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7 Important Things to Know Before Owning a Corgi

Corgis are the short-legged fluffy dogs that the internet has grown to love and adore. They’re loyal dogs with a big personality – making them hard to resist. And while playing with a Corgi is all fun and games, owning one is another story.

So before you bring a Corgi home, there are things you really should know about these dogs. It will not be a “walk in the park,” so to speak. That said, let’s talk about the things that NO ONE tells you about owning a Corgi.

It’s worth noting that these things are based on my own experiences with my own Corgi. She’s in her later-half of her life and these are the things I would want future Corgi owners to know.

RECOMMENDED: A Guide to Pembroke Welsh Corgis

1. Corgis aren’t quiet dogs…at all.

If you’re sensitive to loud noises, or have small children that are, then the Corgi may not be ideal for you. Sure, they may be small dogs…but that doesn’t mean they can’t make a lot of noise.

In fact, their barks are so much louder than you would expect to come out of these little dogs. The barking can be ear-piercing and rumble throughout the entire home, especially if you live in a small apartment or single-family home.

However you have to understand that this is just how these dogs communicate. They bark when they’re upset, when they’re excited and even when they’re hungry. So if your Corgi is trying to tell you something, you guessed it…they’ll let you know with their loud barking.

Plus, Corgis are prone to “unnecessary alarm barking,” where they’ll bark to the slightest of sounds in or around your home. All it takes is a squirrel running around the backyard to set these dogs off.

After all, these dogs were bred to herd cattle that literally weigh 100 times more than them. They may be too small for these massive animals to see, but with their loud barking, you can be sure they know where they are.

Now it’s worth noting that not all Corgis bark excessively, though most of them do. And it’s still possible to somewhat suppress the barking through training, but in the end, you can’t really get rid of instinct.

Now if you’re looking for a quiet dog that’ll be perfect for an apartment or small space, check this out instead. Spoiler: Corgis are not on that list!

2. There’s really no need to dock a Corgi’s tail anymore. 

Although it’s somewhat rare to see a tail on a Pembroke Welsh Corgi, docking their tails isn’t really necessary anymore. This is something I wish I knew before we brought home our Corgi. 

In the past, all working dogs had their tails docked, that is, surgically cut off. 

People believed that working dogs had a higher chance of injuring their tails, which can lead to gruesome pain and a lot of medical complications.

Take the Corgi for example. These dogs are so low to the ground that it’s possible that the much-taller cow can accidentally step on the tail while being herded.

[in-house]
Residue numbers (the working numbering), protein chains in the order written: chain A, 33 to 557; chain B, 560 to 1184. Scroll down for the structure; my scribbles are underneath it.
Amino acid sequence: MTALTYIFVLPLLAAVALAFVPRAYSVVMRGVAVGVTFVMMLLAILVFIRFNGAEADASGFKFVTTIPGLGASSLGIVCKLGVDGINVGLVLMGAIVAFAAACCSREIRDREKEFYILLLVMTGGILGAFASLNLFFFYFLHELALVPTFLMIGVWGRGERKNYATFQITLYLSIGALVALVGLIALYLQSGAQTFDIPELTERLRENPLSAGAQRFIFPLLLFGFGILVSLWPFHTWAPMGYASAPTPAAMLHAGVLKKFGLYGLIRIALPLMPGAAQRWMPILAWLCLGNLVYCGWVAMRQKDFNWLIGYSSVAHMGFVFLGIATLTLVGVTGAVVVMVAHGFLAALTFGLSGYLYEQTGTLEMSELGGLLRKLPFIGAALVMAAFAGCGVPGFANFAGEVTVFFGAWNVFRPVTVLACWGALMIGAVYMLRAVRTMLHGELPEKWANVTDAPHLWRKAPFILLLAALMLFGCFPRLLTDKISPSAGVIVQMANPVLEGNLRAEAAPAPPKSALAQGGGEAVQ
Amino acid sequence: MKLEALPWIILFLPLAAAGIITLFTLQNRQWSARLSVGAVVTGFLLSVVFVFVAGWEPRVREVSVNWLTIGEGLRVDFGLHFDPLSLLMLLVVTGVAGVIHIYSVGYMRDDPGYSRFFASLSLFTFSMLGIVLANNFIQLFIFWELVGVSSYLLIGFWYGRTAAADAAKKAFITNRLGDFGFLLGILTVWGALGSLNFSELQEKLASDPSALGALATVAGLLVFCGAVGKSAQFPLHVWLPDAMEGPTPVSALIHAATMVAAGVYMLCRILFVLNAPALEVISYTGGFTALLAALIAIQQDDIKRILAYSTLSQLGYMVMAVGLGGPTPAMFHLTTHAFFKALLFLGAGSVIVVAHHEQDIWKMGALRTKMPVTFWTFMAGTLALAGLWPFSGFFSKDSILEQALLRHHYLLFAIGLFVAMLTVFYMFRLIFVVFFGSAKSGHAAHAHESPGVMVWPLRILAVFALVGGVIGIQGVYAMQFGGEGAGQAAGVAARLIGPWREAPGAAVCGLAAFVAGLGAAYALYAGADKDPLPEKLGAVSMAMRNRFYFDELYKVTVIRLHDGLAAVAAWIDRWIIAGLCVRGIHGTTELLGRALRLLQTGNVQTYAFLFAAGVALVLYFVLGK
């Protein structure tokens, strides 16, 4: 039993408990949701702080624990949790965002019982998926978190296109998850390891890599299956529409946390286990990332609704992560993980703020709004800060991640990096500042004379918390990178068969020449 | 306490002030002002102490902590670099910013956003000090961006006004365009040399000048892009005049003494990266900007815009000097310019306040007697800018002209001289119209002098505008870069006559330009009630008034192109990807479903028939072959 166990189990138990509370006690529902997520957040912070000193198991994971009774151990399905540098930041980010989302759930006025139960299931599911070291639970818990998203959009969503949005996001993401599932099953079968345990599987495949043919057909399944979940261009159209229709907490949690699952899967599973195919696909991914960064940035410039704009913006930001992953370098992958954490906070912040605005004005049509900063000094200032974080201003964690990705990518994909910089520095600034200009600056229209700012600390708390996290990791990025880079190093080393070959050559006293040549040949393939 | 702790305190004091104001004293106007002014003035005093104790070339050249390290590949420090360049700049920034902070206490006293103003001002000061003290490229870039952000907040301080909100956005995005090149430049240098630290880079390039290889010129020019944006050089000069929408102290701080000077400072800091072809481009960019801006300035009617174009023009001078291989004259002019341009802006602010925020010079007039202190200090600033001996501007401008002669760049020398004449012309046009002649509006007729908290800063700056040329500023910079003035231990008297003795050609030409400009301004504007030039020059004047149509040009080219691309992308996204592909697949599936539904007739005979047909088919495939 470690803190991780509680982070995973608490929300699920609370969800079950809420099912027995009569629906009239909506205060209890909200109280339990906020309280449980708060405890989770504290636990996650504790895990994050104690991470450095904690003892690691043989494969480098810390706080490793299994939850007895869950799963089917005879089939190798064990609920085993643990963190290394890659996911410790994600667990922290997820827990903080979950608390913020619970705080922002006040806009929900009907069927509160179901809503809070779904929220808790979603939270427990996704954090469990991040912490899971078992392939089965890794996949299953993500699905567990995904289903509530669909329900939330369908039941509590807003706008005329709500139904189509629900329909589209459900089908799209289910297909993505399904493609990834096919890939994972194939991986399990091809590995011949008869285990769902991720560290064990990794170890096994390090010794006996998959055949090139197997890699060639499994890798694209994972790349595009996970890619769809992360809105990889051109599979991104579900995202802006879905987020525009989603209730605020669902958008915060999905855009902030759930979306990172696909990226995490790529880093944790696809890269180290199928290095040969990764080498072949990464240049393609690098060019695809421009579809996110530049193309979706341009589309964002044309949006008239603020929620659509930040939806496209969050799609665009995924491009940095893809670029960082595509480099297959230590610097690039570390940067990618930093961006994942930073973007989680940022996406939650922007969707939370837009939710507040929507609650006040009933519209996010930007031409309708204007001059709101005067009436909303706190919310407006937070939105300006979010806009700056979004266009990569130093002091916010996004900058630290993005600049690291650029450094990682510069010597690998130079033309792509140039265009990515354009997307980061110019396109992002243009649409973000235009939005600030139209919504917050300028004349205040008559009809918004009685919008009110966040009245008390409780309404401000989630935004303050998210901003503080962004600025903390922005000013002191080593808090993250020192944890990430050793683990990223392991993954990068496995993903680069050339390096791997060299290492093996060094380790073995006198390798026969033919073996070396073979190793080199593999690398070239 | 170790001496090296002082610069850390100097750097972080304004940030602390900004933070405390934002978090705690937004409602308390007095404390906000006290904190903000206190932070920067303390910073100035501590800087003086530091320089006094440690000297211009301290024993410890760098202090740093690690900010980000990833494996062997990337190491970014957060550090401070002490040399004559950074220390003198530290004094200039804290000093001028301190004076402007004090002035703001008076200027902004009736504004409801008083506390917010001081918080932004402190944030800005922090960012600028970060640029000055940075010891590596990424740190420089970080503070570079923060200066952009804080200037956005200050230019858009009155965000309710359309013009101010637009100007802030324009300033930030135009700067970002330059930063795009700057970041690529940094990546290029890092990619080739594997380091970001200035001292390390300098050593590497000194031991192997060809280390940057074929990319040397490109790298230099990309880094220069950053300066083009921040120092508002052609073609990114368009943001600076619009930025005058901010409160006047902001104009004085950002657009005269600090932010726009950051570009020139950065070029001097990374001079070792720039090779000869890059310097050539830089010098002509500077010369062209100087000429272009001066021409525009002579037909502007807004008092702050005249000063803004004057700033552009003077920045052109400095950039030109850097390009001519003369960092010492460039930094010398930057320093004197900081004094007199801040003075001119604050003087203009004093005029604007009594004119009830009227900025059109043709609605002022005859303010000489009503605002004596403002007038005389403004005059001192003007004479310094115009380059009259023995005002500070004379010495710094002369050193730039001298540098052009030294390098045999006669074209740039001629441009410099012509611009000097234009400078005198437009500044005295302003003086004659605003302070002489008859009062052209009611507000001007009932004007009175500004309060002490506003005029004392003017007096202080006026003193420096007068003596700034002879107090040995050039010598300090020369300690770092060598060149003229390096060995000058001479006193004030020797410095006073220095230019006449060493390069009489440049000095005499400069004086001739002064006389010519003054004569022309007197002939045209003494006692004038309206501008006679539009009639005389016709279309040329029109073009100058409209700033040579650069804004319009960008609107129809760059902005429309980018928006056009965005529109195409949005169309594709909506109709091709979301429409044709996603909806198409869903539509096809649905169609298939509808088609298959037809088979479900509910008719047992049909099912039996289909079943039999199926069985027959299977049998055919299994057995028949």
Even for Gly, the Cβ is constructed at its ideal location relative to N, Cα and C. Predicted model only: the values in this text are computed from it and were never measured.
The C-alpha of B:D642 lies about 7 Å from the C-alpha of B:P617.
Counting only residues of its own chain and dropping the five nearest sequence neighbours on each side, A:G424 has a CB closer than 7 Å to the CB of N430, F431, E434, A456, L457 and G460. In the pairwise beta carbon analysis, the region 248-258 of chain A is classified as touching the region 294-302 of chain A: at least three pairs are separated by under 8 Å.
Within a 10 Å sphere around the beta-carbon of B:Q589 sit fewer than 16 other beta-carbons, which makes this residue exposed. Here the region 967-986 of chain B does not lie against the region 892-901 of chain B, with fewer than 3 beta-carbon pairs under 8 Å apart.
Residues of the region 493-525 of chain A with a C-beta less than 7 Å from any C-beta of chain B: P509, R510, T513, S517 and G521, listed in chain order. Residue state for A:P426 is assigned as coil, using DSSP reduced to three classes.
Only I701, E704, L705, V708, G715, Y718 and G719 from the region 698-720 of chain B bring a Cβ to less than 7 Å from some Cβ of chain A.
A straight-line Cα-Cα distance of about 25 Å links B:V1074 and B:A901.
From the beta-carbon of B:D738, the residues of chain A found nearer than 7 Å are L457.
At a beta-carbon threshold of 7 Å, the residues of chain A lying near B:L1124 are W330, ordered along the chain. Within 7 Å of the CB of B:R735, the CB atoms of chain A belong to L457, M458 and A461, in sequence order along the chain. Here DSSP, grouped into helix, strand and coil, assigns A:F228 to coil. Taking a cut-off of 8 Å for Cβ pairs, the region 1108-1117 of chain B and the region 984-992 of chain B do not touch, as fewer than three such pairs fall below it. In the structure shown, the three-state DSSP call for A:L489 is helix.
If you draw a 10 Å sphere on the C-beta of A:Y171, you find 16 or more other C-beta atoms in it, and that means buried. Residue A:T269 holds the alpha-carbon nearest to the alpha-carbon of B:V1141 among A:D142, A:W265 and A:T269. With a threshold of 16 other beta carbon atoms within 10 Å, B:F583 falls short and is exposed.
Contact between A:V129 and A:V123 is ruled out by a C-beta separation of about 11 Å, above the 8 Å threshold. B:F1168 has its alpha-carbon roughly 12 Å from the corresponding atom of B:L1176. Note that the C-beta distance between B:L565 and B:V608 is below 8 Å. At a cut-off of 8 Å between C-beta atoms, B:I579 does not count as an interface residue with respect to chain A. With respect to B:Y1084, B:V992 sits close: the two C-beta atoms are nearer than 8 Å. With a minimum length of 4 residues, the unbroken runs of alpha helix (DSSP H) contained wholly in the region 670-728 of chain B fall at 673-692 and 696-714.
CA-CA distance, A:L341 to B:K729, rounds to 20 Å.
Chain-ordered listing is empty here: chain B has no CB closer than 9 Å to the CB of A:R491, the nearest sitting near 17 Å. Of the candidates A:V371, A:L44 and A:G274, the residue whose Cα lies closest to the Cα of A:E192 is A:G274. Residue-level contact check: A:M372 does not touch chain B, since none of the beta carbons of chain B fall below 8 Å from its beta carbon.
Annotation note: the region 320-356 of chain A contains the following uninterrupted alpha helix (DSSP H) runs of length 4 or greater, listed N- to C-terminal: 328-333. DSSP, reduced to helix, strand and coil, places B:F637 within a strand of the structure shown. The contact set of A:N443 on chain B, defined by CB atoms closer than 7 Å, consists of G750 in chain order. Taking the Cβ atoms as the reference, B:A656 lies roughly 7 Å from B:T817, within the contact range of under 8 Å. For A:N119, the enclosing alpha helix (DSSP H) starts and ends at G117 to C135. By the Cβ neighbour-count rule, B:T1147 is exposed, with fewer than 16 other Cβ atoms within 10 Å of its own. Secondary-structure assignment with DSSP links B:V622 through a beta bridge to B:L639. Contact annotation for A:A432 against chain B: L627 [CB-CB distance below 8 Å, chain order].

Their solution was to just cut the tail off. 

While this may seem like a great idea in the past, the fact is, barely any Corgis still herd on farms. Today, the vast majority are just family companions. Even so, there is little evidence to suggest that tail docking actually prevents injury.

So why do we still dock a Corgi’s tail? This tradition of tail docking can be traced back to England in the 17th century, where the Parliament introduced a tax on companion dogs.

To differentiate between companion dogs and working dogs, the community decided to cut the tails off working dogs, including the herding Corgis. 

So after many centuries and countless generations of Corgis being bred with this look, the tradition stuck. In fact, the A.K.C. breed standard specifically states that a Pembroke Corgi should have a docked tail.

But the reality is that tail-docking in Corgis is purely for cosmetic purposes today. 

Personally, I think the tail makes it easier to read the emotions of your Corgi, all while making them seem more animated and lively. So, consider reaching out to your breeder and requesting the tail of your new pup to stay intact!

3. Corgis need more exercise than you think.

This is an easy mistake for new owners to make. Corgis are relatively small dogs and often get mislabeled with the lap dogs. But don’t be fooled, this is far from the case.

Sure, a Corgi may fit in your lap….but good luck trying to get them to stay there for long! The truth is, the Corgi is a highly-energetic dog breed that needs a lot more physical stimulation than one would think.

A full-grown adult Corgi will require roughly 1 hour of exercise each day in order to stay happy and healthy.

This can be in the form of playing catch with his or her favorite ball, going for long walks around the neighborhood or even playing with other dogs at the park. Plus, they’ll be even happier if the activity involves you (the owner)!

Without this, Corgis can start showing destructive behaviors around the home, such as tearing up your favorite pair of shoes or clawing at the couch.

As herding dogs, Corgis were accustomed to running around for long periods of time while chasing after sheep and cattle. This means letting your Corgi freely roam around a small backyard won’t cut it!

4. Corgis are way too smart for their own good.

Corgis are smart dogs, and there’s no owner that would tell you otherwise.

As a matter of fact, the Pembroke Welsh Corgi is ranked the 11th smartest dog breed in the world, beating out clever breeds like the Australian Shepherd, Cocker Spaniel, Schnauzer and many more. The Cardigan isn’t far behind in 31st place.

And while it may sound cool owning an intelligent dog breed, that’s not always the case. You see, a smarter dog requires more work. Are you up for the extra hours put into stimulating their minds?

More intelligent dogs also tend to get into more trouble because they know how to push all the right buttons and get away with it.

It feels like they’re always evaluating the risk and reward. If they think they can get away with something, you can bet they’ll take their chances if the reward is big enough.